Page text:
1. The Lions: Reminded her of 1 Peter chapter five, verses 8: “Your enemy the devil prowls around like a roaring lion looking for someone to devour.”

2. The Flight: First instinct when the attack comes is to pick up and run all willy nilly – rather than use our gifts and strengths to stand together. This leaves the weakest among us most vulnerable – ala Baby buffalo.

3. The Crocodile: Seems like over kill, that croc attack, doesn’t it? But the truth is, it is when we are at our lowest, when we are suffering that the attacks compound on us. As the Irish say, “When it rains, it pours.”

4. The Cavalry: If you listen close, you will realize that it is the cries of Baby that bring the herd back. Lesson here: you (we!) are not alone – so when you are in need call out!

5. The Attack: A few of the leaders go up and start kicking some butt – or rather butting some cats. But it is the unity of the group, the impressive wall of support of the community that gives the leaders the ability to succeed. We’ve been given community to support each other in our need…

6. The Protection: Notice that once Baby gets away, the herd makes a fortress around her – the community makes a wall of protection around the weak.

7. “He chased him away”: Finish the battle – it isn’t just about getting the lions off of Baby, but getting the lions far away from Baby, so there won’t be another attack.

Cassie brought up the appropriate verse in Ecclesiastes 4:10: “If one falls down, his friend can help him up. But pity the man who falls and has no one to help him up!”

And wrapped up with the full verses that she started with in 1 Peter:

“Be self-controlled and alert. Your enemy the devil prowls around like a roaring lion king for someone to devour. Resist him, standing firm in the faith, because you know that your brothers throughout the world are undergoing the same kind of sufferings. And the God of all grace, who called you to his eternal glory in Christ, after you have suffered a little while, will himself restore you and make you strong, firm and steadfast.”

Just my thoughts,


Wednesday, May 21, 2008

Catcher in the Rye, Hold the Mayo

For this month’s book club, we read THE CATCHER IN THE RYE by J.D. Sallinger. It was swell. It killed me, really.

Salinger shows an understanding of human nature in the simplest of things. Like when the protagonist, Holden, is waiting for a girl that’s late. He’s upset until he sees her – and how pretty she is.

Holden points out that all those cartoons of guys who are angry because their dates are late is all bunk, because, “If a girl looks swell when she meets you, who gives a damn if she’s late? Nobody.”

Yeah, the bane of all us guys with pretty wives/girlfriends – too hard to stay mad. We’re just not programmed to combat good looks.

Holden has a few other ideas that struck me, mostly as they reverberate throughout my own take on life, religion and politics.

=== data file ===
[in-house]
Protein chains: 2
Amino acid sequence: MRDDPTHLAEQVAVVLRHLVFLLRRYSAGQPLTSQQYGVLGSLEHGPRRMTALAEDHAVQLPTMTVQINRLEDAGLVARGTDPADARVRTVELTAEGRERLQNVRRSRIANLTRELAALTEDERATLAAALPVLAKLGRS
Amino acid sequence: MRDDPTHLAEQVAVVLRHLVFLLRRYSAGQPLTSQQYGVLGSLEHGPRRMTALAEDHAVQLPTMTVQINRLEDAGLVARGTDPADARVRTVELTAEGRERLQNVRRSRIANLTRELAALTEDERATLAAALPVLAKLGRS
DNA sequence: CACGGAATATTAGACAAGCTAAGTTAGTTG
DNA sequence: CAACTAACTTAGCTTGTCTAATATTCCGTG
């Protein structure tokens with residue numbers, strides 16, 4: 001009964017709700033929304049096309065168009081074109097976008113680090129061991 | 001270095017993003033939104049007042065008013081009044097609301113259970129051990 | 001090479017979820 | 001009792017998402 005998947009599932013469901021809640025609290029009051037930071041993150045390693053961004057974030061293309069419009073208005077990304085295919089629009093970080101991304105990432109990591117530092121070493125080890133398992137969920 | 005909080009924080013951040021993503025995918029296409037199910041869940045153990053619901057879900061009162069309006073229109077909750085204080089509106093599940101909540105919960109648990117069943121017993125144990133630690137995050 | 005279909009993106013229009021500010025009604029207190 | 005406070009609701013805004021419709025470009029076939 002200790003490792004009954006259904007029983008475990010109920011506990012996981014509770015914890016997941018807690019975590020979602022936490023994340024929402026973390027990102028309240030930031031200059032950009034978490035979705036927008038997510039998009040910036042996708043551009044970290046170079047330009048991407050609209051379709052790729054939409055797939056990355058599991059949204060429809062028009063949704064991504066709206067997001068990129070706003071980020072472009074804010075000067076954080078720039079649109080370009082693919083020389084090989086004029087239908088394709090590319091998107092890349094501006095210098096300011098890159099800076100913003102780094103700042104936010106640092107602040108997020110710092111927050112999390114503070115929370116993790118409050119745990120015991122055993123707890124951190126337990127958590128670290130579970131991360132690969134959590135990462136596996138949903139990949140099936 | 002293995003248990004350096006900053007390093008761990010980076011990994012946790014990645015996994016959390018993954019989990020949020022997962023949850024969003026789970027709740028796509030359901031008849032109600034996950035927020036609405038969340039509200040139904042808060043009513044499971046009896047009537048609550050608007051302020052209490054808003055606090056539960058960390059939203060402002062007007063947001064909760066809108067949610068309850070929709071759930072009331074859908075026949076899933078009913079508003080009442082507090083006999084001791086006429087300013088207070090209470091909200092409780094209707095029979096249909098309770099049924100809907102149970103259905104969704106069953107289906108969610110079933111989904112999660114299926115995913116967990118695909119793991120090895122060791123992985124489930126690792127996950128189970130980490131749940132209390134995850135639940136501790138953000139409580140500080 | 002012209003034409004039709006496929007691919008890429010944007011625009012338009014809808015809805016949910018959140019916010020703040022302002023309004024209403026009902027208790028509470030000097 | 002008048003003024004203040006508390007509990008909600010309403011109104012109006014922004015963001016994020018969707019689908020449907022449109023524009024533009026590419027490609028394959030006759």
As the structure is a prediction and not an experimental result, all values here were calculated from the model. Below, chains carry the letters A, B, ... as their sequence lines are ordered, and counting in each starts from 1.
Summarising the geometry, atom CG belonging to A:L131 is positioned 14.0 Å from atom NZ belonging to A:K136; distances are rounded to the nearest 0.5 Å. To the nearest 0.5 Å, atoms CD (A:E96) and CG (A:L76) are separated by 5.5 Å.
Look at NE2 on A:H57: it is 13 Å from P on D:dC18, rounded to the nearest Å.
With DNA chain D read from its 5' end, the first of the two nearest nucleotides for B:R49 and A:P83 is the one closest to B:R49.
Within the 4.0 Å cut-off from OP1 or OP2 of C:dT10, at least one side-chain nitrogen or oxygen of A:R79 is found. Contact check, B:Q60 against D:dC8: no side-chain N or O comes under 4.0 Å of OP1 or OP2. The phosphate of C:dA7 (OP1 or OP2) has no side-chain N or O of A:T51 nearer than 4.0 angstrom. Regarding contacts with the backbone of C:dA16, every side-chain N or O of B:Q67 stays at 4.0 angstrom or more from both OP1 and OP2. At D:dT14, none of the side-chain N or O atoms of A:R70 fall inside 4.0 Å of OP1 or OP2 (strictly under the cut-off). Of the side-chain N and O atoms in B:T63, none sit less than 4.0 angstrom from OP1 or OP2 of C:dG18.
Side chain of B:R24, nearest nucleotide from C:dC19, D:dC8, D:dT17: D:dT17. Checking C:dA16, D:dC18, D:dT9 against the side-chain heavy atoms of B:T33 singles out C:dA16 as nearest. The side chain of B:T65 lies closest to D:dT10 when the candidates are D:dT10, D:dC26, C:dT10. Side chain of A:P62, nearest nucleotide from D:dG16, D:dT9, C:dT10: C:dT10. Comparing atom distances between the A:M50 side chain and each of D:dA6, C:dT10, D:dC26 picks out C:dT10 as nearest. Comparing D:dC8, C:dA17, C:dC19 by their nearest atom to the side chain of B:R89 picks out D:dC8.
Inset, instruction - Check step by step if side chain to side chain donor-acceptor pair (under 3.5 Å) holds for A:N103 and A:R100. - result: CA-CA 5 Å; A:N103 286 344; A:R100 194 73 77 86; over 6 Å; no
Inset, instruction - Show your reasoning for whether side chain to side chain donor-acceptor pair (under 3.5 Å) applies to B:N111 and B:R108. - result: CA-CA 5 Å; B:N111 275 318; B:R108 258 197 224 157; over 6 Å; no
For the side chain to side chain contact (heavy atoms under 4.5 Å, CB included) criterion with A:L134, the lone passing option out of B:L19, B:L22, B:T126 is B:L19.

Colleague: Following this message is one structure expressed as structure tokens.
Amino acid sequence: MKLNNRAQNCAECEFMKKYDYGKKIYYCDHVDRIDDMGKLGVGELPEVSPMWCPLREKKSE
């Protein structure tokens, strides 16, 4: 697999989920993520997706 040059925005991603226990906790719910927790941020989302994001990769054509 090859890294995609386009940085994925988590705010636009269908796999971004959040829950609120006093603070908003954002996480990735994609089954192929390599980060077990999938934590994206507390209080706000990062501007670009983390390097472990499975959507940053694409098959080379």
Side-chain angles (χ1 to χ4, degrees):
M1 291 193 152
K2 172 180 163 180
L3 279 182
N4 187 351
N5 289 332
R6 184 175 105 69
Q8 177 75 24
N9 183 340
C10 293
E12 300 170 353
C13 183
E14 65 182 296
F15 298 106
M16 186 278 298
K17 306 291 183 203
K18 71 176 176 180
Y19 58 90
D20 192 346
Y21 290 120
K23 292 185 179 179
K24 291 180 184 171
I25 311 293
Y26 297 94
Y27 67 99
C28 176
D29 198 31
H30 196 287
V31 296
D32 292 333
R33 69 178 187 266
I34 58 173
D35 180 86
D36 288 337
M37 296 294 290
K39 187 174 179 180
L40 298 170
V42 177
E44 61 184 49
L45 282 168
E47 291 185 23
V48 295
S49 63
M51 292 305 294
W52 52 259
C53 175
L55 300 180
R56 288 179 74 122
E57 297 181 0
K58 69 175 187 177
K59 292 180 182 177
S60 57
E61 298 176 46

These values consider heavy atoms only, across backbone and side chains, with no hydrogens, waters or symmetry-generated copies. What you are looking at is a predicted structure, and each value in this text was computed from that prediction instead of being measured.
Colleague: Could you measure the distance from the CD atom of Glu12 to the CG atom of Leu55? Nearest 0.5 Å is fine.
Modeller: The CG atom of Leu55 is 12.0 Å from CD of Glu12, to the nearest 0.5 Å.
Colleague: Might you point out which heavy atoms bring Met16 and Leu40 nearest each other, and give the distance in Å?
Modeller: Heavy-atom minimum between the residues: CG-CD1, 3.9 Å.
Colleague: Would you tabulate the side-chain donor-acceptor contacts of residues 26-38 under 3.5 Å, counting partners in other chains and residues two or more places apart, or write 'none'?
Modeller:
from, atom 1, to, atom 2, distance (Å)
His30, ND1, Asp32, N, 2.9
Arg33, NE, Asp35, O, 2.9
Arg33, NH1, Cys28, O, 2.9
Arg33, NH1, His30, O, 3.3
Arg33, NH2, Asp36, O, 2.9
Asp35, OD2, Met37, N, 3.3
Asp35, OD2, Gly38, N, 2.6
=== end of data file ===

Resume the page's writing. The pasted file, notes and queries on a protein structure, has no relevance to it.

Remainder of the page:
First, in talking about a comment made about himself near the beginning of the novel: “It’s partly true, too, but it isn’t all true. People always think something’s all true.”

Second, closer to the end of the book, he is railing against a debate teacher that kept telling him to unify and simplify his speeches.

“Some things you can’t do that to. I mean you can’t hardly ever simplify and unify something just because somebody wants you to.”

I find it interesting that Sallinger makes the case up front, and towards the end, that some things in life aren’t so simple as to be able to be reduced to a bumper sticker; even people aren’t so simple as to be reduced to a label (or at least one that is all true).

Sallinger’s novel itself has often been attacked – typically by those that have simplified the novel, and tried to make it “all” one thing.

Of course, you can’t win elections without oversimplifying things like the issues. (“If you question our methods, you’re anti-American!”)

And it’s easier to win an argument if you can claim something is all true. (“If A is at all true, then B must be completely false!”)

And it’s a pain to try and keep congregants happy if you make outrageous claims like “G-d is multifaceted and complex.”

Okay, I admit it – rather than figure all this complex stuff out, I’d like to forget about it and just spend my time contemplating how swell my girl looks.

Just my thoughts,


Tuesday, May 20, 2008

Timely quote, from Jason's quoteboard:

"People in the media say they must look at the President through a microscope. Now I don't mind the microscope, but boy, when they use the proctoscope, they've gone too far."

-Richard Nixon

Friday, May 16, 2008

Morale Boosters

Some inspired silliness to get you through the weekend.

One of our readers was at his child’s school for a pirate themed event. They sported a t-shirt with a picture of a pirate, and the words, “The beatings will continue until school morale improves!”